Of course, the Speaker’s ability to control legislation attracts corporate donations – he gets more than anyone else in the Legislature – with all the implications of differential access and influence that money implies. The Speaker can also influence the flow of campaign donations and Party resources to others, a huge boost for re-election. In years past, this has led to corruption: all three of DeLeo’s predecessors were convicted of felonies*. (The Senate also has a questionable past, although its recent behavior – more open, more transparent, more democratic, and more liberal, creates hope for an improved House as well. See below for some Legislative history.)

To his credit, DeLeo has personally stood up for a variety of progressive non-business issues, most recently adding his name to efforts to preserve transgender protections. The Speaker’s power also leads more progressive legislators to bend to his will in exchange for becoming part of the leadership team – which increases their ability to get their own bills passed. It’s important to remember that Massachusetts is a national leader on many cultural and social welfare issues. Of course, these accomplishments are only allowed if they don’t undermine any of DeLeo’s business relationships or his business-oriented focus on what will keep the State’s economy humming.


While “playing the game” is an attractive strategy during “normal” times and allows some important positive steps to be taken, it puts would-be reformers in a tight box. The compromises they have to make can alienate the progressive voters who first elected them, leaving them vulnerable to challenges. This was painfully discovered this year by Assistant Majority Leader Byron Rushing and Ways and Means Committee Chair Jeffrey Sanchez, despite the fact that both of them have been important and successful legislative champions over the years in fights for civil rights, public health, education, and many other progressive issues. Ironically, given Rushing’s defeat for (among other reasons) being “too close” to the Speaker, is the fact that he led the last major reformist attack on a sitting Speaker – an unsuccessful, 2003 effort against Tom Finneran. After that defeat, most of Rushing’s liberal allies were exiled to the fringes of the legislative process and lost much of their ability to affect legislation. Rushing may have concluded that that if you can’t beat ‘em, it’s better to join.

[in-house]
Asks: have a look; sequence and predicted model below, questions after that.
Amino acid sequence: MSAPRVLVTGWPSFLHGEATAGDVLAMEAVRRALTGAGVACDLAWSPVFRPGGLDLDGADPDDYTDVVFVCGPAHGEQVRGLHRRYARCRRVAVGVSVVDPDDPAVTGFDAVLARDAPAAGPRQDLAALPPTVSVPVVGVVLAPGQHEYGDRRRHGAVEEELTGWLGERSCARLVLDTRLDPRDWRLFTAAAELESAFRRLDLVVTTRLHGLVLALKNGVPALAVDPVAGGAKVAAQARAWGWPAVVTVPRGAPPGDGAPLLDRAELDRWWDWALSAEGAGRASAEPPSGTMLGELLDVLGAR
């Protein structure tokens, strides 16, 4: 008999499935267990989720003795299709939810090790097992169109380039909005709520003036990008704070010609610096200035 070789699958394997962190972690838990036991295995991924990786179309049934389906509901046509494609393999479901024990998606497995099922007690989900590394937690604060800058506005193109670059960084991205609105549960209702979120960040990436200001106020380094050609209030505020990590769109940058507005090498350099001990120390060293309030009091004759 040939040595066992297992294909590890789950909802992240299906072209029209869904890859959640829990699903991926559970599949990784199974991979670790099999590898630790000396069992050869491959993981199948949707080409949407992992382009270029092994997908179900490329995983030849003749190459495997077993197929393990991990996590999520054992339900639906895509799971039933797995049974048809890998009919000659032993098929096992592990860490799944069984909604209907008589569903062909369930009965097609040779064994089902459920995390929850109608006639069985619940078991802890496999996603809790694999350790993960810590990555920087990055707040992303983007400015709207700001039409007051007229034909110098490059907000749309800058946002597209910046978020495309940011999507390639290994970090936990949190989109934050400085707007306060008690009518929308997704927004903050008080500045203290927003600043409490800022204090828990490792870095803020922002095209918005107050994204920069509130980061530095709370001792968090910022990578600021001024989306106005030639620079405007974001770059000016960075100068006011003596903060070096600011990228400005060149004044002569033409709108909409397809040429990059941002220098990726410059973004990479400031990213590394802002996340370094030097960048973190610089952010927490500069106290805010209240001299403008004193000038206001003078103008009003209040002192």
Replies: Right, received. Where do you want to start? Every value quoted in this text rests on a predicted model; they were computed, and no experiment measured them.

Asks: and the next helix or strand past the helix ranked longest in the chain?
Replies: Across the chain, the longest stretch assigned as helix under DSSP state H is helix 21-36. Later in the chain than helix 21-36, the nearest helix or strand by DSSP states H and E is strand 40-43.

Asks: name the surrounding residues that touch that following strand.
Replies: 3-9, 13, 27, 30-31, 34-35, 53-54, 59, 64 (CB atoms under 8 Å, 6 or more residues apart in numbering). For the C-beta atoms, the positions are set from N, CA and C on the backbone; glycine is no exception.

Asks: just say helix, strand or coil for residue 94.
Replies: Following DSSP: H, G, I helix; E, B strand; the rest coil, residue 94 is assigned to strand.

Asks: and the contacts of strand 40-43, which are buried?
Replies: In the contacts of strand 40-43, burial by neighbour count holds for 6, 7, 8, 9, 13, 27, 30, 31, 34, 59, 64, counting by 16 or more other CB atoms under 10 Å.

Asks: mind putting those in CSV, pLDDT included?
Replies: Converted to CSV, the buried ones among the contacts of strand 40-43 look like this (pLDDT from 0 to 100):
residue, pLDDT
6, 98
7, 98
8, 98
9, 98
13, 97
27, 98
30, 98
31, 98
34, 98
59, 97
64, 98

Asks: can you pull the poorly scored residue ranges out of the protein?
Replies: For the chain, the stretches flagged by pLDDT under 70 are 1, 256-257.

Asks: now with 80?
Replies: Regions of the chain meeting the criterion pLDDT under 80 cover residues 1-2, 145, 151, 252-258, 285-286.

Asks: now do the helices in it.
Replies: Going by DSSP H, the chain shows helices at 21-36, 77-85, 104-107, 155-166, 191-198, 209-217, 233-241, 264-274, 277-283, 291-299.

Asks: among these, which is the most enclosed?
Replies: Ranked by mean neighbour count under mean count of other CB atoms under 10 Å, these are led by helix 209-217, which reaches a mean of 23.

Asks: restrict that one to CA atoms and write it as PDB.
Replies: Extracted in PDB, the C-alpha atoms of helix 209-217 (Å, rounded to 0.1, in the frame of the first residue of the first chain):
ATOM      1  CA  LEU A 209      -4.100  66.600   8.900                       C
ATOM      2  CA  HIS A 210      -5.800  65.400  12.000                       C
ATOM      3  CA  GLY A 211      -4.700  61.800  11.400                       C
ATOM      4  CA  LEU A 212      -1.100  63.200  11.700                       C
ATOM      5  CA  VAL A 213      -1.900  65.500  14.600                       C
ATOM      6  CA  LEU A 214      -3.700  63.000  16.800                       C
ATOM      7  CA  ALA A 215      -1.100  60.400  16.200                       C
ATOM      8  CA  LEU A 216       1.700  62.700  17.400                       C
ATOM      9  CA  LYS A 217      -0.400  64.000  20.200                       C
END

Contributing to the two election upsets: the challengers in both districts signed on to the “No Fossil Fuel Money pledge” while Sanchez didn’t. Sanchez’s base was also furious about the lack of immigrant protections in the bills emerging from his committee. And, as Boston-based representatives, they got sideswiped by the successful Ayanna Pressley insurgency versus liberal but long-time Congressman Mike Capuano. But the political lesson still holds.

Making the Massachusetts situation worse is that the Legislature’s Progressive Caucus has been relatively quiet. In other states, the Tea Party showed how a small minority can be so aggressive that it wields power far beyond its size. But that hasn’t happened here, from either the Right or the Left. In fact, Massachusetts has gone through wave after wave of reformers’ attempts to democratize the legislative process in the House – the high tide probably being the successful 1978 League of Women Voters’ campaign for a Constitutional Amendment reducing the House from 240 to 160 members, significantly increasing the size of each district. Every one of those efforts, from the outside and from within the House itself, has had at least some small positive effect. But every one has been absorbed into the institutional dynamic, with the Speakership remaining as powerful as ever.